Legal abortions most likely increased in the United States in the first six months of the year compared with 2020, an analysis of new estimates shows, as states with more permissive abortion laws absorbed patients traveling from those with bans and access to abortion pills via telemedicine continued to expand.
New research from the Guttmacher Institute offers the latest view of legal abortions since the Supreme Court’s Dobbs decision last year upended access to abortion nationwide and allowed more than a dozen states to ban or restrict the procedure.
The data suggests that thousands of women have crossed state lines to obtain an abortion, in the face of restrictions at home. It also indicates a rise in abortions among those living in states where the procedure is legal.
“You have two forces at work,” said Caitlin Myers, an economist at Middlebury College, who reviewed the Guttmacher report. “On the one hand, you have people trapped in ban states, and, on the other, you have people in a whole lot of the country where access has improved.”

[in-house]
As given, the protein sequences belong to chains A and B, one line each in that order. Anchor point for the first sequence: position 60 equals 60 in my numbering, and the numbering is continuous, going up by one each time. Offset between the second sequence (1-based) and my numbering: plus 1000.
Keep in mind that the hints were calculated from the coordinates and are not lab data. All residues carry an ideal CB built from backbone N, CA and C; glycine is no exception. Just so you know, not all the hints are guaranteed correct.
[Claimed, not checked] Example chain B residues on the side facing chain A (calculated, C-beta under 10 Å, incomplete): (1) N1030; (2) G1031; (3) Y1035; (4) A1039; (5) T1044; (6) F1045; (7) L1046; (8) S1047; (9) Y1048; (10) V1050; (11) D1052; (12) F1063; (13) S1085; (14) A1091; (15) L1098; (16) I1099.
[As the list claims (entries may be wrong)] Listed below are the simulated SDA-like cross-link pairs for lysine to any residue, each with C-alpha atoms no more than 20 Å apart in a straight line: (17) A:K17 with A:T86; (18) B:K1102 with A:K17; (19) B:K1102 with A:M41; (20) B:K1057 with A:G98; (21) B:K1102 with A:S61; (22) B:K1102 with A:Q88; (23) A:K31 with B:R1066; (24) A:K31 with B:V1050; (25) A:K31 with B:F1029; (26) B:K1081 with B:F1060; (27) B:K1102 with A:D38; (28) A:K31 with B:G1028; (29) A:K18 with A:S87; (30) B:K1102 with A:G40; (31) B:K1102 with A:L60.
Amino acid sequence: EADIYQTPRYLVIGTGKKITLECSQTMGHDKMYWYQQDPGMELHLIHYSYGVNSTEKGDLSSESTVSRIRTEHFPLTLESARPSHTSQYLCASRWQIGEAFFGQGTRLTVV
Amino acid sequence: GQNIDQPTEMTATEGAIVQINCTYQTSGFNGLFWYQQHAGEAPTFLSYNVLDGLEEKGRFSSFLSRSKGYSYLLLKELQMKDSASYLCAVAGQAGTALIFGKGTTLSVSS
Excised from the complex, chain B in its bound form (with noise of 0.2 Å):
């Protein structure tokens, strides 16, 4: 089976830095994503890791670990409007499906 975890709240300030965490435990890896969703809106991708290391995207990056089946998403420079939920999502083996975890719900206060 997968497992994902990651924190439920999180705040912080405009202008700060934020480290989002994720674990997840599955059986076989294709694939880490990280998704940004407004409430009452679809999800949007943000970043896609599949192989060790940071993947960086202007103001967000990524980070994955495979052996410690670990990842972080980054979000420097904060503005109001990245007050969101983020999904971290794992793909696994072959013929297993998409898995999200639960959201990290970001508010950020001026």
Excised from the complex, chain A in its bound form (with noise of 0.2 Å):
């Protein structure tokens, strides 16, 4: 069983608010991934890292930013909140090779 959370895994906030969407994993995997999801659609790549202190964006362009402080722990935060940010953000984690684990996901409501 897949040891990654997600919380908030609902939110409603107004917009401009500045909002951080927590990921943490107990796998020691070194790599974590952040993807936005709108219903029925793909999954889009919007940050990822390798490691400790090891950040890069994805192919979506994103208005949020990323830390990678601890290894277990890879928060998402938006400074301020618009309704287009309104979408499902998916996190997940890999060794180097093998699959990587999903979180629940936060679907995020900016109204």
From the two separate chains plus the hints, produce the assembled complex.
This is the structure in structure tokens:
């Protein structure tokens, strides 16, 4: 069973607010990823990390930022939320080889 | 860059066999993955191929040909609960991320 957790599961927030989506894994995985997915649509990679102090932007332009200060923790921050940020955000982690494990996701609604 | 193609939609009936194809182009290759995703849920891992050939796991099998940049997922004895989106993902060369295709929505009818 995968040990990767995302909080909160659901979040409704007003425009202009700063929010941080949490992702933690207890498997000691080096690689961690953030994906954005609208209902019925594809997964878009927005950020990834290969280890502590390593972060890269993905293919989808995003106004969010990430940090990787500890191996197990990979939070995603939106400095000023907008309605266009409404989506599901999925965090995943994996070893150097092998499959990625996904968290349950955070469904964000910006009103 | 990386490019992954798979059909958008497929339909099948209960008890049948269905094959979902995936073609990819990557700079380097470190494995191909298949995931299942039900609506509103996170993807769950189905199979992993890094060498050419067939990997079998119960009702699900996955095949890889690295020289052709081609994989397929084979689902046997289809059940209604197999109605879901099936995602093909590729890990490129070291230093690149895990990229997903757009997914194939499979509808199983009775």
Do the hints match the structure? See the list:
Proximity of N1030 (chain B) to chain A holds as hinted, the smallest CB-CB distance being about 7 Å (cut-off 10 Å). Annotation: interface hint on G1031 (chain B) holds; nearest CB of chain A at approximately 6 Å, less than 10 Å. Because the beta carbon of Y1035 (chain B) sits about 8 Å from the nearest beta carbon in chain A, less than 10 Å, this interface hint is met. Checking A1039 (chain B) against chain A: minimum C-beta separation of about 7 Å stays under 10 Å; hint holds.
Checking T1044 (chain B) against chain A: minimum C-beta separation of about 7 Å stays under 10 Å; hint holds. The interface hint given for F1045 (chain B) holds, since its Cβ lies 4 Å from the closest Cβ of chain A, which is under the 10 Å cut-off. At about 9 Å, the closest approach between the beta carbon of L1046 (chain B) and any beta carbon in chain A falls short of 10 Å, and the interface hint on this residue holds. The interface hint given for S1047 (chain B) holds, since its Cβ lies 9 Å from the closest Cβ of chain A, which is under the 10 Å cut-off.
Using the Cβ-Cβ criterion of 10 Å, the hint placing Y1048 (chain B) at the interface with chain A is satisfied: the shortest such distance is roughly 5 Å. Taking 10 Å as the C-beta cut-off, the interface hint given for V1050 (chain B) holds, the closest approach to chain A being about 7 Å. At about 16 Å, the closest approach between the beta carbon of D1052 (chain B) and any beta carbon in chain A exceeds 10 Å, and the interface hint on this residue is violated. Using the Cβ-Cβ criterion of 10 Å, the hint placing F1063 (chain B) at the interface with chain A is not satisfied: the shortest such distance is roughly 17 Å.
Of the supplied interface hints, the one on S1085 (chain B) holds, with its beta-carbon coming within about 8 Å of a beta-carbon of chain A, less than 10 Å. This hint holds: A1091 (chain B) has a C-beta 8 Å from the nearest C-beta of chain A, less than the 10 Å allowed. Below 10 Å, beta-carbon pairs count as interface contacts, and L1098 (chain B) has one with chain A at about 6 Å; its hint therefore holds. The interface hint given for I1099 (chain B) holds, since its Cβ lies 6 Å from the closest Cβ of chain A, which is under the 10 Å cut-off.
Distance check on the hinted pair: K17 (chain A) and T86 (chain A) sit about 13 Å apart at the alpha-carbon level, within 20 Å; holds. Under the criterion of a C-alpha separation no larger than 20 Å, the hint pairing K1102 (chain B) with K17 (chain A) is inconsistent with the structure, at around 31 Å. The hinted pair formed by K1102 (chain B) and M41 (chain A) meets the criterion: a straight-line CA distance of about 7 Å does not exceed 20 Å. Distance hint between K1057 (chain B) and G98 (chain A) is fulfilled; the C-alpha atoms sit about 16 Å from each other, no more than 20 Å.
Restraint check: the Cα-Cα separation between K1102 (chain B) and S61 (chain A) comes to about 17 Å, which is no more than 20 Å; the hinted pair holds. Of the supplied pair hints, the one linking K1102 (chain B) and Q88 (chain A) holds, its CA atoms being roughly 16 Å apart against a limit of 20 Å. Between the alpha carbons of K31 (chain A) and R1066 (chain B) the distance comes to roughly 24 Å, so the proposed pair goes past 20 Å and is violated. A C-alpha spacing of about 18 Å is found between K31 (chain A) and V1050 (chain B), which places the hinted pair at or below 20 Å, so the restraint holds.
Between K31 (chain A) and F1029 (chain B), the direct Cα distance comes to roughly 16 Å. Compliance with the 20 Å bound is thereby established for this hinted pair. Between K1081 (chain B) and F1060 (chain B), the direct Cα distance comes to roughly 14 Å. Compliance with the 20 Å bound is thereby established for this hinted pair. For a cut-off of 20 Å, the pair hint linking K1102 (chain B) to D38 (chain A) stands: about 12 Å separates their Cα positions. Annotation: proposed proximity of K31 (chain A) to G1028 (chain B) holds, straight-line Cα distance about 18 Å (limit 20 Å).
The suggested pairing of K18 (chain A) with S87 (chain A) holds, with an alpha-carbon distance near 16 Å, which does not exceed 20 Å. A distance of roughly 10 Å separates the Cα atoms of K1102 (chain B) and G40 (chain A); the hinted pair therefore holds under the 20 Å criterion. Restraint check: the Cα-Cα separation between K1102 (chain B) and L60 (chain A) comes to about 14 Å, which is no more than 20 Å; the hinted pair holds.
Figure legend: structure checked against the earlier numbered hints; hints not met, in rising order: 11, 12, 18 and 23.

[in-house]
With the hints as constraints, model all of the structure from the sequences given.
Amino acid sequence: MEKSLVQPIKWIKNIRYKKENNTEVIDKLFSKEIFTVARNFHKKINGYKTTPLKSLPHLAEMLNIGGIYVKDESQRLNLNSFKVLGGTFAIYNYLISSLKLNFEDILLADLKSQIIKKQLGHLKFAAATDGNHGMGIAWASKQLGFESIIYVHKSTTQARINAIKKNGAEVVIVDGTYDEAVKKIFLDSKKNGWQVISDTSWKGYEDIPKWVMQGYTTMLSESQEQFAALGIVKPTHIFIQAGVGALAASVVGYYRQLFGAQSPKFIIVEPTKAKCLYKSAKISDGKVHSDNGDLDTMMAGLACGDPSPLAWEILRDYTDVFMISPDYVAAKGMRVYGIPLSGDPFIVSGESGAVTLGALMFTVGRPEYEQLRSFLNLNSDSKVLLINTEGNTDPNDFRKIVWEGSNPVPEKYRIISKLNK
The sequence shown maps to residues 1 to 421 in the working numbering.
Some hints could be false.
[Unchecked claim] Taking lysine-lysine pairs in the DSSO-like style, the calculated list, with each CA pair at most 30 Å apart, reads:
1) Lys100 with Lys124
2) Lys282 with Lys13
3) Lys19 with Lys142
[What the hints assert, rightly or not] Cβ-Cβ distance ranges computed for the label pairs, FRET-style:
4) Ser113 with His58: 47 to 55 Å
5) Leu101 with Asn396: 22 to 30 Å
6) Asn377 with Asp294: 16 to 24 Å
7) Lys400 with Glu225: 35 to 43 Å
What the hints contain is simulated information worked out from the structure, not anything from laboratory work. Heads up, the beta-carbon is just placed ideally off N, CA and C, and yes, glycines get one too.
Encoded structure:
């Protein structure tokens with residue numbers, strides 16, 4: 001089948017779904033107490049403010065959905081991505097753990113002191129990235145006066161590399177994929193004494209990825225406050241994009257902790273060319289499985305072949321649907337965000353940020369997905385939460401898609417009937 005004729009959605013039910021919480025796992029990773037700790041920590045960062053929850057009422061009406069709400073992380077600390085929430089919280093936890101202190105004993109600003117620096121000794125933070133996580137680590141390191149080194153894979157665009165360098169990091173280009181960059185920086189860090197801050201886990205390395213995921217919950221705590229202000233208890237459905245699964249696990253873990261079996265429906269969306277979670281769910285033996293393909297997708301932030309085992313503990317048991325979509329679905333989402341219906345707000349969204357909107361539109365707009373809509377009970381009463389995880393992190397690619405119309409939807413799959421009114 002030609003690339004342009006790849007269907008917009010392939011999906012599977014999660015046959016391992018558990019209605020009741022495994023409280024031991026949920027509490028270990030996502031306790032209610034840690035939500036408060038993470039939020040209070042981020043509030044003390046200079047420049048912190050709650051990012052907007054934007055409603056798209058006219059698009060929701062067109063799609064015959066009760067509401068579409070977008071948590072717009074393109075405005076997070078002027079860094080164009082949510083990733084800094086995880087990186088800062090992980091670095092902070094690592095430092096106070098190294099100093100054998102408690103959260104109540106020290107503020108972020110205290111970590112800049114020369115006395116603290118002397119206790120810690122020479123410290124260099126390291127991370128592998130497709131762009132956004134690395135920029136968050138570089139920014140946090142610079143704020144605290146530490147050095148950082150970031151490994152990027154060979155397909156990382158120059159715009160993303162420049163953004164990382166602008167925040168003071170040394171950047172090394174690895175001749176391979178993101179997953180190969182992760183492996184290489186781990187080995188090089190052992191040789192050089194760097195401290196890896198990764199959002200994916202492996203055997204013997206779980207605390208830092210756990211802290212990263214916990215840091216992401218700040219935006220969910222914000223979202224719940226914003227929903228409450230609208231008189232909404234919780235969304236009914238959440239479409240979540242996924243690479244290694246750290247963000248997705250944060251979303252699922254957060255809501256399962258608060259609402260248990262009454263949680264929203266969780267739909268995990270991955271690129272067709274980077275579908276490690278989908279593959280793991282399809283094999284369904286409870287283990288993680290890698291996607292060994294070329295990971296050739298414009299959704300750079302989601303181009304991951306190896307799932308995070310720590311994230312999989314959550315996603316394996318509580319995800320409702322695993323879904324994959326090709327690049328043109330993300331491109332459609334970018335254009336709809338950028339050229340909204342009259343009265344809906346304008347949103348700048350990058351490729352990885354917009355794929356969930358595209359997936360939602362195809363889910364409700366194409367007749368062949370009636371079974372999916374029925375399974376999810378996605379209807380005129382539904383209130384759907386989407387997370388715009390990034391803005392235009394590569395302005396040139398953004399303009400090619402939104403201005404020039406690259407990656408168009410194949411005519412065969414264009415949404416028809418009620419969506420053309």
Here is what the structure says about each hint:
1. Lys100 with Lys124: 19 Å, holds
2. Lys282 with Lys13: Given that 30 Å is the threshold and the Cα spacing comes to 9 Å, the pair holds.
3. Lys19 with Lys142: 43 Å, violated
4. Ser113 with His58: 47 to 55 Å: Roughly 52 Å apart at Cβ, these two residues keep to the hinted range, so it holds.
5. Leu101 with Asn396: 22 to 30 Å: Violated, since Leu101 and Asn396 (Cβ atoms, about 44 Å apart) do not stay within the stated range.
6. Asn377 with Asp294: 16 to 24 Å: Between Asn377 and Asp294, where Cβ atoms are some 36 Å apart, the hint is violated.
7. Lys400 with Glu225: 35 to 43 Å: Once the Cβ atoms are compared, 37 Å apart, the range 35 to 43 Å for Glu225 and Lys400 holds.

Altogether, about 511,000 abortions were estimated to have occurred in areas where the procedure was legal in the first six months of 2023, a review of Guttmacher’s data shows, compared with about 465,000 abortions nationwide in a six-month period of 2020.
Abortions rose in nearly every state where the procedure remains legal, but the change was most visible in states bordering those with total abortion bans. Many of these states loosened abortion laws, and providers opened new clinics to serve patients coming from elsewhere. In Illinois, for example, where abortion is legal, abortions rose an estimated 69 percent in 2023 compared with the same period in 2020, to about 45,000 from 26,000.
Other states with restrictive neighbors, like Colorado, Kansas, New Mexico and South Carolina, also had jumps in estimated counts of abortions.
Arizona, Georgia and Indiana, by contrast, sought to restrict abortion, and all three states had drops in their estimates. Arizona and Georgia have gestational limits on the procedure, and Indiana recently enacted a total ban.